There was a TON of food. Enough that 3 people ate huge portions, plus had enough leftovers for several more meals. To start with, we had a crisp, refreshing salad with really yummy raspberry vinaigrette. Then there was some gefilte fish, for those who were brave enough to try it - I love it! Then there were some delicious roasted veggies, followed by a decadent lasagna. And the piece de resistance - a flourless chocolate cake with homemade whipped cream.
I've noticed that whenever I am cooking, especially if it is more than one thing, it takes at least twice the amount of time that I expected it to. This is why I arrived at my friend's place before 5, for a 7:30 dinner.
First, we started with the veggies. This is a pretty basic recipe. Just cut a lot of veggies into similar-sized pieces, toss with olive oil and a little balsamic vinegar, s&p and whatever other herbs you want to use, and bake in a foil-lined pan. Cook around 350-400, until the veggies are cooked through and have browned/caramelized.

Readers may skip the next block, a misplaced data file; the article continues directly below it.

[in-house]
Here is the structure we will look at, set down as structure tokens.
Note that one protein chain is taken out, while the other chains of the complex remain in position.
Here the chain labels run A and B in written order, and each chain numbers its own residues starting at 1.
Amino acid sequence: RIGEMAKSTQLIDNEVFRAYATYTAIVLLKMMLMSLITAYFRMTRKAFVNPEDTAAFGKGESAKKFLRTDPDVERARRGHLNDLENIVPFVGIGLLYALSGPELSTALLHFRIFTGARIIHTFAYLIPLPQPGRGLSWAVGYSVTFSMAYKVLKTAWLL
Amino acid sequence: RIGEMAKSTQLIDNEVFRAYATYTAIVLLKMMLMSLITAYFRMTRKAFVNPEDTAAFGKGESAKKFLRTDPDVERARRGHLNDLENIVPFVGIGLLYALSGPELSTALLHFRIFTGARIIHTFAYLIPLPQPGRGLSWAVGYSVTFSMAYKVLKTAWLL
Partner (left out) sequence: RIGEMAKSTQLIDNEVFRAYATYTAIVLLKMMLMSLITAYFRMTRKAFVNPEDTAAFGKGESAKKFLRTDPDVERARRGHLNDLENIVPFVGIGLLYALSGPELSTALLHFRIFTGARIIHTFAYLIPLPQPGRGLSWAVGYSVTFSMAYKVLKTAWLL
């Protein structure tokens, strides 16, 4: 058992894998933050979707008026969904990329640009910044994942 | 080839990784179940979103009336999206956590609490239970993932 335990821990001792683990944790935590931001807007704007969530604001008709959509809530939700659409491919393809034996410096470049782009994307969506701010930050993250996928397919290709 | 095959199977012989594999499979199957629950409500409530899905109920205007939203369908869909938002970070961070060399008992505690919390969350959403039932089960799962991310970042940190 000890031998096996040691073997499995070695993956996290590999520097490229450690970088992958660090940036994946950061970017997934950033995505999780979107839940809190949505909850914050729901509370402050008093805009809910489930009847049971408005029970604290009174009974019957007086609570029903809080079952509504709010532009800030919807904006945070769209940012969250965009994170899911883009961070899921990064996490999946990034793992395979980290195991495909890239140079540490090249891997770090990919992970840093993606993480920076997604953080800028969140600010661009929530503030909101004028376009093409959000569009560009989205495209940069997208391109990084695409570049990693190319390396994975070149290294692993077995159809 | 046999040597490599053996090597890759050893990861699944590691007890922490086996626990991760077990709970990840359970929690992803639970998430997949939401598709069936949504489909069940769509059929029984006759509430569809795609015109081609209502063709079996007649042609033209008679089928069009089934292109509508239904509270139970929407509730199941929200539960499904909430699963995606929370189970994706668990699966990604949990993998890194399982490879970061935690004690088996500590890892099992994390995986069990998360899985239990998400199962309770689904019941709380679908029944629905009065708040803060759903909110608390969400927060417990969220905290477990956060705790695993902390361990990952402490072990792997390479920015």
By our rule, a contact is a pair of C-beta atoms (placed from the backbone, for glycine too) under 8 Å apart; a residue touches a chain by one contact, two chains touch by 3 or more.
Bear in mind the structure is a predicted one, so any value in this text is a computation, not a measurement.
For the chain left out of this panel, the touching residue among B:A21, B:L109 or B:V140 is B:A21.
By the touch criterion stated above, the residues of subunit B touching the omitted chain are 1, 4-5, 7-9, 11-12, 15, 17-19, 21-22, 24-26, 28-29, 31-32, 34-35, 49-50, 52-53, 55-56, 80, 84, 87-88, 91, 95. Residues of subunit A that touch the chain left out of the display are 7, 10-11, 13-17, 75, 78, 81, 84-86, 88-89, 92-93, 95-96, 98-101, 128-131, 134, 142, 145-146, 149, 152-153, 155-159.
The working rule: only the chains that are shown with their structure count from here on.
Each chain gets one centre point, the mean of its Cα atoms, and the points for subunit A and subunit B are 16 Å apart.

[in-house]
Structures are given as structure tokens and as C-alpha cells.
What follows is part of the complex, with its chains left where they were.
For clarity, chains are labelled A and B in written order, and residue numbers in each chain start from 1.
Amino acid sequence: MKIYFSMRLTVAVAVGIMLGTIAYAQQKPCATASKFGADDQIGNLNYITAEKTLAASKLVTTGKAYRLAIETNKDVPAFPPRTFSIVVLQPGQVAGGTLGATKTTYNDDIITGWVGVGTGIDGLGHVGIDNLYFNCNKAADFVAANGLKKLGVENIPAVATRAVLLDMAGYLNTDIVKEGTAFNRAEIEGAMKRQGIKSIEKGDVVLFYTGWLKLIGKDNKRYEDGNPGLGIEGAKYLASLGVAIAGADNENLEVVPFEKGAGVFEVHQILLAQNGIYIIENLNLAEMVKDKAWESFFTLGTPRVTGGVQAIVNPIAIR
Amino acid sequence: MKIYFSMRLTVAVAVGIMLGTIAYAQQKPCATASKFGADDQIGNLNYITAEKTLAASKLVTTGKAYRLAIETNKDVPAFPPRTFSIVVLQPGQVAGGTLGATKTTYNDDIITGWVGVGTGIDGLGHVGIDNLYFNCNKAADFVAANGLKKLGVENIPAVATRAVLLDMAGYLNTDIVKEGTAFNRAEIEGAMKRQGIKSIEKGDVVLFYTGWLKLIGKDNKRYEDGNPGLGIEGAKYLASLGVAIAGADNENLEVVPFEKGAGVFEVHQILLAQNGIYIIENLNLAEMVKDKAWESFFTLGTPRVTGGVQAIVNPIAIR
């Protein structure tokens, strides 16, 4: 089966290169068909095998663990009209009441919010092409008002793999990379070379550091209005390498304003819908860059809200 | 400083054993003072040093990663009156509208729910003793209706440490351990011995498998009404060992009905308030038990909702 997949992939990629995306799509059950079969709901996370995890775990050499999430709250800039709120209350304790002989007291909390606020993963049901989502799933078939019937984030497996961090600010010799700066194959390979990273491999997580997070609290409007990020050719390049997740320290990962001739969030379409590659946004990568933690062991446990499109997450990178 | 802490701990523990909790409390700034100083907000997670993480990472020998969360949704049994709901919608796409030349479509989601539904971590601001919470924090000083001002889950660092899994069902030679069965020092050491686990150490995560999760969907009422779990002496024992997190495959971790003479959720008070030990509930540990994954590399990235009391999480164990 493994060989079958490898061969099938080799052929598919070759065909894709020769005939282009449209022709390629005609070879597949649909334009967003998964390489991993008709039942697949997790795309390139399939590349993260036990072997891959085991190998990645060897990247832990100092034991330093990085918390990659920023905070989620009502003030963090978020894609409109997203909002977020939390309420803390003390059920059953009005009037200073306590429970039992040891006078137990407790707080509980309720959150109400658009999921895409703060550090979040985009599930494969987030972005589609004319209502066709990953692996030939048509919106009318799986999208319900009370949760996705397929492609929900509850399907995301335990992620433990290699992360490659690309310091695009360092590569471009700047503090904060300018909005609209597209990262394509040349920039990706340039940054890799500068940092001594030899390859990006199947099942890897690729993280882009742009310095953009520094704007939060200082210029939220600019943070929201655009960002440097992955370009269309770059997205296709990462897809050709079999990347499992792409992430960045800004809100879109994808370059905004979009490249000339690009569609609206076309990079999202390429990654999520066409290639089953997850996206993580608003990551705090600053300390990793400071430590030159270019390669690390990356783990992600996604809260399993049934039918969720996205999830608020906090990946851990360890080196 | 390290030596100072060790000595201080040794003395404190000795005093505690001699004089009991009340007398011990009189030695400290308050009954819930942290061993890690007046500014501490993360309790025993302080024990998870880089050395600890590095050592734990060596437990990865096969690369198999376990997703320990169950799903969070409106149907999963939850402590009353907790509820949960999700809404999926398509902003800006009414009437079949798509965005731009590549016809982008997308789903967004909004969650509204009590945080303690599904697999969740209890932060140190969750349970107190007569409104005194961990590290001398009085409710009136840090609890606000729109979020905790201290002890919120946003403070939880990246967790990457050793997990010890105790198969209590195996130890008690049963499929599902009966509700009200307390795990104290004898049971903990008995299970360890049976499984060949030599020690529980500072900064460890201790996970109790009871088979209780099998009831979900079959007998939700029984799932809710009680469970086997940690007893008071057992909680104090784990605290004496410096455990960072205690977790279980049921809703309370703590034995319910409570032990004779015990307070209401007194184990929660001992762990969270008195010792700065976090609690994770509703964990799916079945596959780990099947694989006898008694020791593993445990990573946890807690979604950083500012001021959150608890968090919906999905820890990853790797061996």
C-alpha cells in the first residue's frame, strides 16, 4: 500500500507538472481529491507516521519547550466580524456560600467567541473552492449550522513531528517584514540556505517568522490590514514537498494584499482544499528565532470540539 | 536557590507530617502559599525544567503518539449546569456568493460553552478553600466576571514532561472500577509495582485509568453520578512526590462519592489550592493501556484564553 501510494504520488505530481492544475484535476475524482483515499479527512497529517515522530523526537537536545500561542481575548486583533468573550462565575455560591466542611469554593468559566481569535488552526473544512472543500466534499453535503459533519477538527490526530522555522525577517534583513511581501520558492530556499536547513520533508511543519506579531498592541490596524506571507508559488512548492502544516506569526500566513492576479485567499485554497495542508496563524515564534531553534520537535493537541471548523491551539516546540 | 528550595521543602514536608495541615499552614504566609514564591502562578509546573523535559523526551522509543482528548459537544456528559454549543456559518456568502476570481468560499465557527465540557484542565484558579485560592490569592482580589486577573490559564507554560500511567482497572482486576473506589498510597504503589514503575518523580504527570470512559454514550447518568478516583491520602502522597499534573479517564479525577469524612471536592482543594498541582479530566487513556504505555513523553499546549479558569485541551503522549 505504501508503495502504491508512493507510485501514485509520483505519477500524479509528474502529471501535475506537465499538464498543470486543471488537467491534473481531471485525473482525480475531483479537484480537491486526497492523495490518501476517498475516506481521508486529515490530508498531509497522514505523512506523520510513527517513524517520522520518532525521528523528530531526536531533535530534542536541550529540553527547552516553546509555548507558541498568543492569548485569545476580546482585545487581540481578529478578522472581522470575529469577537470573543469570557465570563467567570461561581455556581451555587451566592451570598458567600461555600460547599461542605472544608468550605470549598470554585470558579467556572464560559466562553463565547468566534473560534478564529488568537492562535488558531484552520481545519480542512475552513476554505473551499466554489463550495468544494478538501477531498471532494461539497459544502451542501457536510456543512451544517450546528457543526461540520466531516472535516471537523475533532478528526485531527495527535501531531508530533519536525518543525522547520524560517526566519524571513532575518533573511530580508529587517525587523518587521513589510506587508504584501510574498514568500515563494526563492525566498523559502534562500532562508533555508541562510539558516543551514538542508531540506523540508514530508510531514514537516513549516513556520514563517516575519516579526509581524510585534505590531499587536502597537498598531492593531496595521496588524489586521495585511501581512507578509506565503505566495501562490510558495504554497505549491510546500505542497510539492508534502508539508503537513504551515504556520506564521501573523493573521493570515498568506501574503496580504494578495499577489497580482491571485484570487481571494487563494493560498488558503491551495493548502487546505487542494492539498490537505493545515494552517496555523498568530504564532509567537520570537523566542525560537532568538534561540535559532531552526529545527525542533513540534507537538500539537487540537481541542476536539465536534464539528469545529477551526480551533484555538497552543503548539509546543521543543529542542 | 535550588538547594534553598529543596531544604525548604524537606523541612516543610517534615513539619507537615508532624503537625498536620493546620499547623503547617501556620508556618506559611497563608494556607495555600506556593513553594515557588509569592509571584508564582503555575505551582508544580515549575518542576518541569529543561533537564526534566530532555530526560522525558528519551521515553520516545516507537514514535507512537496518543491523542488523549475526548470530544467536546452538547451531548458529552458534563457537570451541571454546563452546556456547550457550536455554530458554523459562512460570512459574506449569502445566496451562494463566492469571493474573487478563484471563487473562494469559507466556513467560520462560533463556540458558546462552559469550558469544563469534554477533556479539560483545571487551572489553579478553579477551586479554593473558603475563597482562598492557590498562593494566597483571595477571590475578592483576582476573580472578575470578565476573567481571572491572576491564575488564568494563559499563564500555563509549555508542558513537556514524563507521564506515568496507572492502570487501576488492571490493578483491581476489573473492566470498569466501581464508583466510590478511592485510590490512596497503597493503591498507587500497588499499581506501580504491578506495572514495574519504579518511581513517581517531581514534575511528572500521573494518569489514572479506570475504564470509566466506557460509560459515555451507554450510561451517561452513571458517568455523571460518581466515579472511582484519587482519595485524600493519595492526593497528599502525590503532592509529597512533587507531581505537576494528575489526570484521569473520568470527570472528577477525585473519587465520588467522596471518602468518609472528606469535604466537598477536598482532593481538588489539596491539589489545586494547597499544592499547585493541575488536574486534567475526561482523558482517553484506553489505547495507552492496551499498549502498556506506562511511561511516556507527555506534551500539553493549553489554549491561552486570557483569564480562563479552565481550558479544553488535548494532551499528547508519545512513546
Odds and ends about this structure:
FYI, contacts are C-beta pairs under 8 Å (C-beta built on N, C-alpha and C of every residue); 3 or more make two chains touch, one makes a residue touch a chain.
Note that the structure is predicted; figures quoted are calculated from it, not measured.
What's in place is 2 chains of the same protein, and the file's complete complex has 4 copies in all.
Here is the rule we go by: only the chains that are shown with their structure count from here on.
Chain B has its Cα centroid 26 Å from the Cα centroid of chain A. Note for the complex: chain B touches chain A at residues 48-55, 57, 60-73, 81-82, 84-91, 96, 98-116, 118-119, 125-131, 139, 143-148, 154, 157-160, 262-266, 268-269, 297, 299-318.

The next recipe is a Passover staple. This year, I changed it up a bit by adding some pesto. There wasn't a pronounced pesto flavor, but it really added an extra layer and depth of flavor. This is another one of those recipes that my mom got from the back of a matzah box. Those recipes clearly got me through Passover this year! This is really such a great lasagna. My non-Jewish friend said that if she didn't already know that there was matzah in it, she never would have guessed. It tastes just like a regular lasagna. For some reason, I only make this during Passover. I'm going to have to try it during the rest of the year, using regular no-boil lasagna noodles, to see if it turns out as well. And if not, well I do have a lot of leftover matzah! The original recipe is for an 8x8 pan, but since we wanted leftovers, I doubled it and put it in a 9x13 pan. I'm including the original ingredients below - if you want to make it in a 9x13, simply double all ingredients. And feel free to add extra shredded cheese, I did! My one change - I definitely didn't need as much sauce as it called for. I used 2 jars that were about 25 oz each, and had leftover sauce.